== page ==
The Southern Cross Pearl is an Unusual Cluster of Pearls

The Southern Cross Pearl of nine attached pearls forms a Roman cross about one and one half inches.



The Southern Cross Pearl is an unusual pearl or rather cluster of pearls which attracted much attention twenty years ago. It consists of nine attached pearls forming a Roman cross about one and one half inches in length, seven pearls constituting the shaft or standard, while the arms are formed by one pearl on each side of the second one from the upper end.

The luster is good, but the individual pearls are not perfect spheres, being mutually compressed at the point of juncture and considerably flattened at the back.

If separated, the aggregate value of the individual pearls would be small, and the celebrity of the ornament is due almost exclusively to its form.

This striking formation was exhibited at the Colonial and Indian Exhibition at London in 1886, and later at the Paris Exhibition in 1889, where it was the center of interest, and obtained a gold medal for the exhibitors.

It is reported that an effort was made to bring about its sale at 10,000 pounds, the owners suggesting that it was especially appropriate for presentation to Leo XIII, on the occasion of his jubilee in 1896. The writers have been unable to obtain information as to its present location.

Much information relative to the the Southern Cross Pearl was volunteered by Henry Taunton in the very interesting account of his wanderings in Australia.

He presents apparently reliable statements showing that it was found on March 26, 1883, off Baldwin Creek in Lat. 17° S. and Long. 122° E, by a boy named Clark, in the employ of James W. S. Kelly, a master pearler.

When delivered to Kelly, it was in three distinct pieces, but the boy reported that it was in one piece when he found it a few hours before.

Kelly sold it in the three pieces in which he received it for 10 pounds to a fellow pearler named Roy; Roy sold it for 40 pounds to a man named Craig, and he sold it to an Austrialian syndicate.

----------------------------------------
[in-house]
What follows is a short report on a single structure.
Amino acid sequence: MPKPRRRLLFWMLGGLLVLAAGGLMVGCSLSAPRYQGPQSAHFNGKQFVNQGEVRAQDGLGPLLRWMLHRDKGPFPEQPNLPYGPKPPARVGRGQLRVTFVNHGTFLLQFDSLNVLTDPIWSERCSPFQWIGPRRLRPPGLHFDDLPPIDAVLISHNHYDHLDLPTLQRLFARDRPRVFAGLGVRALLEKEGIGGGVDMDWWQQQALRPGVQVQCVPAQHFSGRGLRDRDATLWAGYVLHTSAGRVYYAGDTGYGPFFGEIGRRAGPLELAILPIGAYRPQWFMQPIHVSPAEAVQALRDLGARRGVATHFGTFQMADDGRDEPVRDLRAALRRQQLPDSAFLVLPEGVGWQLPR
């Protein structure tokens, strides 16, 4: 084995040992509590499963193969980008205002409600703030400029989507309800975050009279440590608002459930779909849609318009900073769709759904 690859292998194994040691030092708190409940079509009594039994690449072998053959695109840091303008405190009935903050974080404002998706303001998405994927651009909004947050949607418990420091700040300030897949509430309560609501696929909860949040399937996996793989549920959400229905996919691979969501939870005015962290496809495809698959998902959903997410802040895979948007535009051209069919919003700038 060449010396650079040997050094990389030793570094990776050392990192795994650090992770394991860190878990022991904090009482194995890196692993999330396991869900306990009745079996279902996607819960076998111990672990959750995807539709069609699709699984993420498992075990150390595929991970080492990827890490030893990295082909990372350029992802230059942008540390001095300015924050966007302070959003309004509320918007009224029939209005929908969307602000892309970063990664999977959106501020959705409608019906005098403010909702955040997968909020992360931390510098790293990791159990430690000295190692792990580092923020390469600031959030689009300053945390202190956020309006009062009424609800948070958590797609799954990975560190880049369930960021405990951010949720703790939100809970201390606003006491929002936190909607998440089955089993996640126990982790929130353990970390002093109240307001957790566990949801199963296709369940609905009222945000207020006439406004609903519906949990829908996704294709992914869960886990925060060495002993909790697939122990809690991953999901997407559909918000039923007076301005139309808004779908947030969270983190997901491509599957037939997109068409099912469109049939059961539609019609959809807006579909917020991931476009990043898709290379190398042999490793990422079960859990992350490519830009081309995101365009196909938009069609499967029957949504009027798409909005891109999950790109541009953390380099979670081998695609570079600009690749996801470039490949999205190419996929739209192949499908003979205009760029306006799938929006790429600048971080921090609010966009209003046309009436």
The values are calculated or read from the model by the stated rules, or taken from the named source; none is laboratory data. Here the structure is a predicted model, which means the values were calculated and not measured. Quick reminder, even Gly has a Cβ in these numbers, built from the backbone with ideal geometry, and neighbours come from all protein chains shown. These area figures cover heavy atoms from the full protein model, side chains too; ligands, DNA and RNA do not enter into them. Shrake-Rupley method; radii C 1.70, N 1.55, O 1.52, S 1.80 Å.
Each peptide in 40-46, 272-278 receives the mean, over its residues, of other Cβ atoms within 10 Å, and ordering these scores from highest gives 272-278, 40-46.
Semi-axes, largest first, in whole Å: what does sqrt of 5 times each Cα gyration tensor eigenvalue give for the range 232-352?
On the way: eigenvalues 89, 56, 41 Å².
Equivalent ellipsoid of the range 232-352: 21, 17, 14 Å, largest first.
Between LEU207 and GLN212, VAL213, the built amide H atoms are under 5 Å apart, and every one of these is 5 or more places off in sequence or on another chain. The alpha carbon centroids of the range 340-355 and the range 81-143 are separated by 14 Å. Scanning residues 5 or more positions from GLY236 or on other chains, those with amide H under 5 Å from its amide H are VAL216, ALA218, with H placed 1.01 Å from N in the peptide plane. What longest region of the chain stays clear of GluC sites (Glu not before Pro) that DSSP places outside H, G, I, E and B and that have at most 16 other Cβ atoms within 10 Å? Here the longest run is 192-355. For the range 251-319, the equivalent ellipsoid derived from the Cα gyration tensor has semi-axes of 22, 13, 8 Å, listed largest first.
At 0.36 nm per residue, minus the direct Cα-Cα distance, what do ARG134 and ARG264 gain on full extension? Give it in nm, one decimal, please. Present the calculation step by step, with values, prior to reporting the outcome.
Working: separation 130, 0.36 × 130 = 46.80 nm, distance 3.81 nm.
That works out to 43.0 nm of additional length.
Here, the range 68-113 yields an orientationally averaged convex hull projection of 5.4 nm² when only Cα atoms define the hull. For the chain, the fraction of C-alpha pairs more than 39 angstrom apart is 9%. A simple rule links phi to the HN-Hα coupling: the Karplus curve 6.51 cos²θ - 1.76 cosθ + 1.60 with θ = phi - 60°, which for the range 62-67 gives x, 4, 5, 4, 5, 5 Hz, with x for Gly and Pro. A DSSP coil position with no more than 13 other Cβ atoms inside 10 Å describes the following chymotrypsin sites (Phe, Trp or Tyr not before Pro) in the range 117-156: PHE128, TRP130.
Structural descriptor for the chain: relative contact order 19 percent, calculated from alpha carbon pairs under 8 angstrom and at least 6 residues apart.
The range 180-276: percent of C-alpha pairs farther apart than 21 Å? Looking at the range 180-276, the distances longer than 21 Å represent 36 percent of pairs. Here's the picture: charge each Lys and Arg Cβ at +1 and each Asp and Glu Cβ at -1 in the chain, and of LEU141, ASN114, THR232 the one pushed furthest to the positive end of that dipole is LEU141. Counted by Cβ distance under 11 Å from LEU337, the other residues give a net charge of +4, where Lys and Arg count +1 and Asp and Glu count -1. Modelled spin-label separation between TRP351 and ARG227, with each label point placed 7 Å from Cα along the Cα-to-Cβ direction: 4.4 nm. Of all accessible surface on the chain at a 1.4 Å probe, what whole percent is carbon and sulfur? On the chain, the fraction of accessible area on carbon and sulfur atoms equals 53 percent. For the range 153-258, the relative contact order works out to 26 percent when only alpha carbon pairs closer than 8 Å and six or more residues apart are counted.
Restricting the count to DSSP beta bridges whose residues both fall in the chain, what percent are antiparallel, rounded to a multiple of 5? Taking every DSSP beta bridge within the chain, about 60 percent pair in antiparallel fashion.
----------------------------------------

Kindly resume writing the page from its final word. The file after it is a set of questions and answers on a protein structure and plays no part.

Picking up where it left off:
However, according to Taunton's positive statement, there were only eight pearls in the cluster when it was sold by Kelly in 1883, and to make it resemble a well-proportioned cross--the right arm being absent--another pearl of suitable size and shape was subsequently secured at Cossack and attached in the proper place to the others, which, in the meantime, had been refastened together by diamond cement, thus making three artificial joints in the present cluster.

"As if to assist in the deception, nature had fashioned a hollow in the side of the central pearl just where the added pearl would have to be fitted; and--the whole pearling fleet with their pearls and shells coming into Cossack about this time--it was no difficult matter to select a pearl of the right size and with the convexity required. The holder paid some ten or twelve pounds for the option of selection a pearl within given limits; and then once more, with the aid of diamond cement and that of a skilful 'faker,' this celebrated gem was transformed into a perfect cross." (Taunton, "Australind," London, 1900, p. 231.)

Information on the Southern Cross Pearl as recorded in 1908 by Kunz and Stevenson in "The Book of the Pearl".

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